Genetics (Intro) Classical genetics | mendelian inheritance | gene | phenotype | genotype | ploidy | alternation of generations | molecular genetics | gene expression | gene regulation | genome | karyotype | DNA replication | transcription | translation | recombination | chromosome | epigenetics | splicing | mutation | genetic fingerprint | chromatin | ecological genetics | population genetics | quantitative genetics
Evolution (Intro)  | omne vivum ex ovo | Natural selection | genetic drift | sexual selection | speciation | mutation | gene flow | evolution of sex | biogeography | cladistics | species | extinction | tree of life | phylogenies | three-domain system
Diversity Bacteria | archaea | plants | angiosperms | fungi | protists | Animals | deuterostome | insects | molluscs | nematodes | parasitism | Primate | mammal | vertebrate | craniata | chordate | viruses
Plant form and function Epidermis | flower | ground tissue  | leaf | phloem | plant stem | root | shoot | vascular plant | vascular tissue | xylem
Animal form and function Tissues | fertilization | embryogenesis | gastrulation | neurulation | organogenesis | differentiation | morphogenesis | metamorphosis | ontogeny  | Development | senescence  | reproduction | oogenesis | spermatogenesis
Ecology Ecosystem | biomass | food chain | indicator species | habitat | species distribution | Gaia theory | metapopulation  | life cycle | Life history | altricial - precocial | sex ratio | altruism | cooperation - foraging | learning | parental care | sexual conflict | territoriality | biosphere | climate change | conservation | biodiversity | nature reserve | edge effect | allee effect | corridor | fragmentation | pollution | invasive species | in situ - ex situ | seedbank
Research methods Laboratory techniques | Genetic engineering | transformation | gel electrophoresis | chromatography | centrifugation | cell culture | DNA sequencing | DNA microarray | green fluorescent protein | vector | enzyme assay | protein purification | Western blot | Northern blot | Southern blot | restriction enzyme | polymerase chain reaction | two-hybrid screening | in vivo - in vitro - in silico | Field techniques | Belt transect | mark and recapture | species discovery curve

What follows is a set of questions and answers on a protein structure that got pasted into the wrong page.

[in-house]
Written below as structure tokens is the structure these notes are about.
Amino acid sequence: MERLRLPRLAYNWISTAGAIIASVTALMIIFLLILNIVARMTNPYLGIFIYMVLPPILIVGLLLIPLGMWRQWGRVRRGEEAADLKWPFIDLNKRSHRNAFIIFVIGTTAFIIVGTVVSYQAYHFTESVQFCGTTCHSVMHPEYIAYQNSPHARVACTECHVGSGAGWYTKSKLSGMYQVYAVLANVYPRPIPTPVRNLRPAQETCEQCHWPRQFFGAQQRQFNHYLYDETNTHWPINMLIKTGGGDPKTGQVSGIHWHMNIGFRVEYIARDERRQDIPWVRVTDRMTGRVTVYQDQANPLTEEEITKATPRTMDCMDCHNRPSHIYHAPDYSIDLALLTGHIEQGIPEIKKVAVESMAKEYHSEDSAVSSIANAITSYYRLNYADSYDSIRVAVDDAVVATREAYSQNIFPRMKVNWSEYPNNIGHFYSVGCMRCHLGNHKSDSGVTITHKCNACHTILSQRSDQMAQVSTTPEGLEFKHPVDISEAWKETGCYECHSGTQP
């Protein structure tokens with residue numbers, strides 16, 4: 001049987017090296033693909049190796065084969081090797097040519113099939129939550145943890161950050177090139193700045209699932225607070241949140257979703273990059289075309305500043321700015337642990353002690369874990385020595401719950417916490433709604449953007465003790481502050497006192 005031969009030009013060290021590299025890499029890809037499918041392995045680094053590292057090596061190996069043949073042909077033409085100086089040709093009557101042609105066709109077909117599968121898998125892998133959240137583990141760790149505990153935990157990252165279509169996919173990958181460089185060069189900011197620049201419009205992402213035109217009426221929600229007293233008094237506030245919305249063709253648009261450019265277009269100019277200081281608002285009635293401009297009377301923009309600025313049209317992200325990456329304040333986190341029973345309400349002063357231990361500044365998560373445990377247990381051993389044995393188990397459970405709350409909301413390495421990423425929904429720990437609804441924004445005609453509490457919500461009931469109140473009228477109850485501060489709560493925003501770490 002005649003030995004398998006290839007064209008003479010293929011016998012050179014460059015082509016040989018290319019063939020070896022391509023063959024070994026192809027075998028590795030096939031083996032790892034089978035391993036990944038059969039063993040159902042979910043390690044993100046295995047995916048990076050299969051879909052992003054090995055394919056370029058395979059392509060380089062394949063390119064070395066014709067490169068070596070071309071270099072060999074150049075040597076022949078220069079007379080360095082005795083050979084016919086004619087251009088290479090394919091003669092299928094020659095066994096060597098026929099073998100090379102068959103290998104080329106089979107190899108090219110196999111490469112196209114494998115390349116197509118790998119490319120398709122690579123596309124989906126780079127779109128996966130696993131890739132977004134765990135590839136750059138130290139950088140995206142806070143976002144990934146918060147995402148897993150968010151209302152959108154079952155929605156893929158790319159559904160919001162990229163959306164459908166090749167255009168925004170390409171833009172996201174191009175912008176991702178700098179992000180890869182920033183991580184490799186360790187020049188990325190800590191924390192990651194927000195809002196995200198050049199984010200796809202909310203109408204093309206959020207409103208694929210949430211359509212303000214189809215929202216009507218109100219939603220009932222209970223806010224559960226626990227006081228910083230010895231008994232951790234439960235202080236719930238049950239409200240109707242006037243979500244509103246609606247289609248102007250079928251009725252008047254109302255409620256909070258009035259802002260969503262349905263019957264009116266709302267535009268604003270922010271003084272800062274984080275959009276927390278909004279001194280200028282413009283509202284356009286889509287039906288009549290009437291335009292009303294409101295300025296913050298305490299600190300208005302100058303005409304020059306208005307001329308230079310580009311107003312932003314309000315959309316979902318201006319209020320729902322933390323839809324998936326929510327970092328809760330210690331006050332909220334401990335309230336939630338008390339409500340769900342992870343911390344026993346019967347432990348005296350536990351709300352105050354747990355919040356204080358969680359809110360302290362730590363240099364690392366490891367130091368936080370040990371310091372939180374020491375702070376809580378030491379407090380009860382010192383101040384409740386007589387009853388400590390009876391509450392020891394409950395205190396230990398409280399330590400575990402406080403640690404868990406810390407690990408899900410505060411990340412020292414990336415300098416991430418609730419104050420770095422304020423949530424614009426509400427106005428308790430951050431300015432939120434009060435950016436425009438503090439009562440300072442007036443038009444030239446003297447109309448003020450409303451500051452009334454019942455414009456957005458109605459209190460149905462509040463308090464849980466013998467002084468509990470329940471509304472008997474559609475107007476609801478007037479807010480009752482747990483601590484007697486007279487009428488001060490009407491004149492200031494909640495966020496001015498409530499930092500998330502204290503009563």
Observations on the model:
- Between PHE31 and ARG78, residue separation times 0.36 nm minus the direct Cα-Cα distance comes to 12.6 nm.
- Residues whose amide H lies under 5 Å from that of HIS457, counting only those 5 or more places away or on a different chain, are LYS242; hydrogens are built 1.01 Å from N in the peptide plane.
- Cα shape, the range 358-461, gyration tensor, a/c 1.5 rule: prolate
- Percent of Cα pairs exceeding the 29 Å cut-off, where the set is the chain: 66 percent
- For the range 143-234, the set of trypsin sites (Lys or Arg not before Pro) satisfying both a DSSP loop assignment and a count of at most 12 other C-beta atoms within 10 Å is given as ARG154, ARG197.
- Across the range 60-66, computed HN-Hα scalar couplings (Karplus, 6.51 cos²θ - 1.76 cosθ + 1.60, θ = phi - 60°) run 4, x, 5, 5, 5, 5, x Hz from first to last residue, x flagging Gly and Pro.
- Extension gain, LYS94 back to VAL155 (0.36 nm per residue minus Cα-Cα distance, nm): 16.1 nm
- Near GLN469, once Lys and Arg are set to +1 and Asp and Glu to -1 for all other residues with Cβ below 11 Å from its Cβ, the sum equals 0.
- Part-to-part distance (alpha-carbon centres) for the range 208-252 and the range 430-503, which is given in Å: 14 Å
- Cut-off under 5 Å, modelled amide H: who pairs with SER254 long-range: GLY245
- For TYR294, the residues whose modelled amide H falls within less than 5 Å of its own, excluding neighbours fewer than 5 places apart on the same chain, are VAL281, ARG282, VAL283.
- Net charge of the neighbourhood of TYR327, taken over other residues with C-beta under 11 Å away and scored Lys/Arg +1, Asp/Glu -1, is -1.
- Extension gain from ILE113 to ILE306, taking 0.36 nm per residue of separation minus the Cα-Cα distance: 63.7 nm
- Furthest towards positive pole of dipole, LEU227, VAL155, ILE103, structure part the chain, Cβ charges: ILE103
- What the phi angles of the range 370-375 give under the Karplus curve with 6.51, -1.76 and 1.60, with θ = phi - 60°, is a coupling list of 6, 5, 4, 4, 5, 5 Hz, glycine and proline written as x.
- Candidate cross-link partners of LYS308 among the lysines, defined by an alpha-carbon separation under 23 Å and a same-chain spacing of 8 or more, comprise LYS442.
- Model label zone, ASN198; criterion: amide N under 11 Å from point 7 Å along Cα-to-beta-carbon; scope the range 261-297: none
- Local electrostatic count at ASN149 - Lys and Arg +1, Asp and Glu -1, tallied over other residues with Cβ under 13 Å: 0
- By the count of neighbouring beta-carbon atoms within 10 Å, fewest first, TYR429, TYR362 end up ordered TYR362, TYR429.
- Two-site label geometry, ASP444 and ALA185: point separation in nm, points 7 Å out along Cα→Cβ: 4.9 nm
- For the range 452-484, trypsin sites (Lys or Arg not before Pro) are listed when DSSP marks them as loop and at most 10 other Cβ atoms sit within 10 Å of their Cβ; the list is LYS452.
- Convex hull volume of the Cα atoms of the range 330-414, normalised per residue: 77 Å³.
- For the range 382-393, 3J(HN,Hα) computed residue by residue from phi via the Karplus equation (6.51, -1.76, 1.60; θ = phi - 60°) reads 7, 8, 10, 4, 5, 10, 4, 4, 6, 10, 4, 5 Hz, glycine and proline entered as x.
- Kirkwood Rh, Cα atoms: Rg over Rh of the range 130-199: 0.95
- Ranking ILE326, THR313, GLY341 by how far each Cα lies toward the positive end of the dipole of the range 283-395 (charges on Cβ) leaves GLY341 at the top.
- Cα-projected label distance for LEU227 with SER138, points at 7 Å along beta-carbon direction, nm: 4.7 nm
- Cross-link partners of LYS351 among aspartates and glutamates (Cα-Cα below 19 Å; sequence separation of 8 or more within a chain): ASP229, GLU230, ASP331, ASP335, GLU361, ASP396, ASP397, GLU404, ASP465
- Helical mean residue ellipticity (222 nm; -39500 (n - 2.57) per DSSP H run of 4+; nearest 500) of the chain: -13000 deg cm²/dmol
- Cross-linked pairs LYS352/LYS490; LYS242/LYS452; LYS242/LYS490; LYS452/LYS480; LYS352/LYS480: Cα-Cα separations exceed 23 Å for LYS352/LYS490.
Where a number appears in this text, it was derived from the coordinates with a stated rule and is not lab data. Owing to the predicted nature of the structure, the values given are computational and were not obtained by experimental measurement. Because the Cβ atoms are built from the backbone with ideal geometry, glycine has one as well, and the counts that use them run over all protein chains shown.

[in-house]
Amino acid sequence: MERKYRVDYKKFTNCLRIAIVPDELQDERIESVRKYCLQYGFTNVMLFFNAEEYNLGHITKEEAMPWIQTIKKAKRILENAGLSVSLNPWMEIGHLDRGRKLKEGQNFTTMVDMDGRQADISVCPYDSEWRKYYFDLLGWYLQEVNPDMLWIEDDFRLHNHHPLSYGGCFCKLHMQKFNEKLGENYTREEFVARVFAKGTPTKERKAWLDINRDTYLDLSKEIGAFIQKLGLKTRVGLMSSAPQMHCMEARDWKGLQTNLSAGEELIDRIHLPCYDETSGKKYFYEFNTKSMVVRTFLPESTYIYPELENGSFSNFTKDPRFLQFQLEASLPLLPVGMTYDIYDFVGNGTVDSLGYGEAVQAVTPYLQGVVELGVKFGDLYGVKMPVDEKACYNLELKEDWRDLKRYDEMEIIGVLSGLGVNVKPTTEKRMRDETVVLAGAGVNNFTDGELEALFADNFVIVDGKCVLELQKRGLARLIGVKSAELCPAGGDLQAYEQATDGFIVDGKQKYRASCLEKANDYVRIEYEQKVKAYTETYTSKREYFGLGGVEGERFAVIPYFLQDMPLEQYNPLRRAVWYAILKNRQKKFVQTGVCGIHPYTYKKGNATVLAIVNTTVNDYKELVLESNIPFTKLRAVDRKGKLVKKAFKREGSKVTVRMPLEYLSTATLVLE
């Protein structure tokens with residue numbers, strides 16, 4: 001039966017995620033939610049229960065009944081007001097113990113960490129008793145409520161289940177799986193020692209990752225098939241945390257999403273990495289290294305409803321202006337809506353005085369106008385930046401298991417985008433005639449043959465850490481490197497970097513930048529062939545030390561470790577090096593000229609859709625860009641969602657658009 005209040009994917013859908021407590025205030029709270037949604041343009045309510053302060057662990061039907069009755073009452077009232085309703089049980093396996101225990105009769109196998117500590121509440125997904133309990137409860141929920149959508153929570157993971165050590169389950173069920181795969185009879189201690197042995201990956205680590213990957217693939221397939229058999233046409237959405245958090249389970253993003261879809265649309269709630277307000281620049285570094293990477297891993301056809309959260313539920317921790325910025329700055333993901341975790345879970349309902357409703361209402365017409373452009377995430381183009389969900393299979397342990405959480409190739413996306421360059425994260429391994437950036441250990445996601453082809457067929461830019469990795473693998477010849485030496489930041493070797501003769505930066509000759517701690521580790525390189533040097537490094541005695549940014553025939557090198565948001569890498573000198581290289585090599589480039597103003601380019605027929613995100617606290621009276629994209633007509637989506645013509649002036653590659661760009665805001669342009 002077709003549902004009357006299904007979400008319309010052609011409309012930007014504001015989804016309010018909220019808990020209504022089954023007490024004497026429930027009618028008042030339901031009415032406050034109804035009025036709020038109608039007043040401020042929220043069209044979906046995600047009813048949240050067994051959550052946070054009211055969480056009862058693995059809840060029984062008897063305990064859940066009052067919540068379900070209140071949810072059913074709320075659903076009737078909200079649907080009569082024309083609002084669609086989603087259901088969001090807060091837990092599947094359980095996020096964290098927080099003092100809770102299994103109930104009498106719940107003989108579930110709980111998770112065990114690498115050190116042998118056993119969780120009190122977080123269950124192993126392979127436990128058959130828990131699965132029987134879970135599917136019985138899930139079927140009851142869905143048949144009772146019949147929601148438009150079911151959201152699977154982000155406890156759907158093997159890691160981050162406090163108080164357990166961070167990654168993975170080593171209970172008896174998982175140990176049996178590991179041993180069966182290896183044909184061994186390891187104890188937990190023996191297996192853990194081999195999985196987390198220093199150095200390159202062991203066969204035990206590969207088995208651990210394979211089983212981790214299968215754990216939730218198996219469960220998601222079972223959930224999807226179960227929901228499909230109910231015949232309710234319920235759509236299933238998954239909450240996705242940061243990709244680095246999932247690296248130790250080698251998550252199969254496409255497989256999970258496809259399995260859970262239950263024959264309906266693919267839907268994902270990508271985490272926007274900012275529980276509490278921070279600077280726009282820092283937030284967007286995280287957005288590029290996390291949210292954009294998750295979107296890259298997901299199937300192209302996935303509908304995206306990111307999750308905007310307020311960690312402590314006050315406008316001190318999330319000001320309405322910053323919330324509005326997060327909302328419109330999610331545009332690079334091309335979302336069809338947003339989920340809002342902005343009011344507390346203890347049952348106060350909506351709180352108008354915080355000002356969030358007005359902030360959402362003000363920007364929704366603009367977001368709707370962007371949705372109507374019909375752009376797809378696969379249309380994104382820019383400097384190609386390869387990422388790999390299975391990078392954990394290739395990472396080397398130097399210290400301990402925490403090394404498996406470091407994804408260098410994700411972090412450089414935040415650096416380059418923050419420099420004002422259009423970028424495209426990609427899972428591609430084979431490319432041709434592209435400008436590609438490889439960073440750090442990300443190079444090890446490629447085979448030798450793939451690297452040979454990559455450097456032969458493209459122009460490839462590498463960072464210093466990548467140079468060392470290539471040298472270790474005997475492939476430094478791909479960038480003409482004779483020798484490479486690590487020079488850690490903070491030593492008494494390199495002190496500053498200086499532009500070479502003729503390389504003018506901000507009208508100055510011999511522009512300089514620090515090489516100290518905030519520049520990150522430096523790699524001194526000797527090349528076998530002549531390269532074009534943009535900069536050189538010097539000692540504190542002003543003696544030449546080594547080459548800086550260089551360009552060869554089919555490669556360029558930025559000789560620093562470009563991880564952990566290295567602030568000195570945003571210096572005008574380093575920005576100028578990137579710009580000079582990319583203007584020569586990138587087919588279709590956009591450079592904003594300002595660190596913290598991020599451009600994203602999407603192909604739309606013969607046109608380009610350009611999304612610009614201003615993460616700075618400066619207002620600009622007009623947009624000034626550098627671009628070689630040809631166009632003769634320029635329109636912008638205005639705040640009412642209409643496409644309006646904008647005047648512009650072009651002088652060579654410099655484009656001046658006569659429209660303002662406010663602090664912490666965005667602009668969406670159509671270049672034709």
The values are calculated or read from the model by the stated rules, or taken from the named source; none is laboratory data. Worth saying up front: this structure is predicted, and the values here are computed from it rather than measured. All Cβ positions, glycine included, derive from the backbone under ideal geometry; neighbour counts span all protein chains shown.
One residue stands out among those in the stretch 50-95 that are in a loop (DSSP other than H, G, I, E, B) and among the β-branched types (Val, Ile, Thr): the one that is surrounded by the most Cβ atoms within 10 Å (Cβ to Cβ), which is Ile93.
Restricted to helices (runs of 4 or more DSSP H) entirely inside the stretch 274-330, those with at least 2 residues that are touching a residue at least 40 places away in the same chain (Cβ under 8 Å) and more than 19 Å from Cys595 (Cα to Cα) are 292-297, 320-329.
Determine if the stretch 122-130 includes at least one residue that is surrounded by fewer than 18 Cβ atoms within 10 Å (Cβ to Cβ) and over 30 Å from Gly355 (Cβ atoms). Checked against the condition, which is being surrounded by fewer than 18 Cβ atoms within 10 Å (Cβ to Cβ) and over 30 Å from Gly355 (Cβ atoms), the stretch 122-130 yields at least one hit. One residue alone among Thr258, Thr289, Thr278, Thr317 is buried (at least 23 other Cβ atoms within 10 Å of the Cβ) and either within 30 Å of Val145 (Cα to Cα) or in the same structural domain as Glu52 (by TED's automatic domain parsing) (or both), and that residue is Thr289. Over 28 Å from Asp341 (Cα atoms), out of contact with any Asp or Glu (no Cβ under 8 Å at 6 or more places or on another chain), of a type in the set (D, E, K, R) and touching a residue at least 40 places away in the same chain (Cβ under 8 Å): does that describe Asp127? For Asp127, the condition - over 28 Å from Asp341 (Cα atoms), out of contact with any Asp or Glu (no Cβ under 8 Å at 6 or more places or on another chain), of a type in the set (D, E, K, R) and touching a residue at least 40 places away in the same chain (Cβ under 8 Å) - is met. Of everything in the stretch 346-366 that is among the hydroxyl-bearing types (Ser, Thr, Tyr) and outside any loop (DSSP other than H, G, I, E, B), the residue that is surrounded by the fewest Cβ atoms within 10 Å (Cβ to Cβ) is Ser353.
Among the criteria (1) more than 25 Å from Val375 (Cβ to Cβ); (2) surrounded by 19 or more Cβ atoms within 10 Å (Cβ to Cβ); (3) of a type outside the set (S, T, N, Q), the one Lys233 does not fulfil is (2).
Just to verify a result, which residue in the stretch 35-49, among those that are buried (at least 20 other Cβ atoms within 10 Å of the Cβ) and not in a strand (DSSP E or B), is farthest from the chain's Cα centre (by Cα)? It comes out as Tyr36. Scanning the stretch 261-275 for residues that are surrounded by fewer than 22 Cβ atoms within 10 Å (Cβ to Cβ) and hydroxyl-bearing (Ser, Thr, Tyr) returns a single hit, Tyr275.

Branches Anatomy | biotechnology | botany | cell biology | ecology | evolutionary biology | genetics | marine biology | microbiology | molecular biology | mycology | neuroscience | paleontology | phycology | physiology | protistology | virology | zoology
Awards Nobel Prize in Physiology or Medicine
See also Template:History of biology

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Linne autograph.png.svg

Carl Linnaeus (/lɪˈnəs, lɪˈnəs/; 23 May 1707 – 10 January 1778), also known after his ennoblement as Carl von Linné (Swedish pronunciation: [ˈkɑːɭ fɔn lɪˈneː] (About this soundlisten)), was a Swedish botanist, zoologist, taxonomist, and physician who formalised binomial nomenclature, the modern system of naming organisms. He is known as the "father of modern taxonomy". Many of his writings were in Latin, and his name is rendered in Latin as Carolus Linnæus (after 1761 Carolus a Linné).

Linnaeus was born in Råshult, the countryside of Småland, in southern Sweden. He received most of his higher education at Uppsala University and began giving lectures in botany there in 1730. He lived abroad between 1735 and 1738, where he studied and also published the first ion of his Systema Naturae in the Netherlands. He then returned to Sweden where he became professor of medicine and botany at Uppsala. In the 1740s, he was sent on several journeys through Sweden to find and classify plants and animals. In the 1750s and 1760s, he continued to collect and classify animals, plants, and minerals, while publishing several volumes. He was one of the most acclaimed scientists in Europe at the time of his death. (Full article...)

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The following are images from various biology-related articles on Wikipedia.

Did you know - show different entries

  • ... that seeds of the fossil fruit Suciacarpa have fossil fungi inside them?
  • ... that the fossil ant genus Agastomyrma was described from a single queen, and males of the fossil ant Proceratium eocenicum have a hair fringe?
  • ... that less than 50 years after being discovered, Heterelmis stephani is now presumed extinct?
  • ... that in 1981 Bobbi Campbell became the first person to publicly identify as a person living with HIV/AIDS?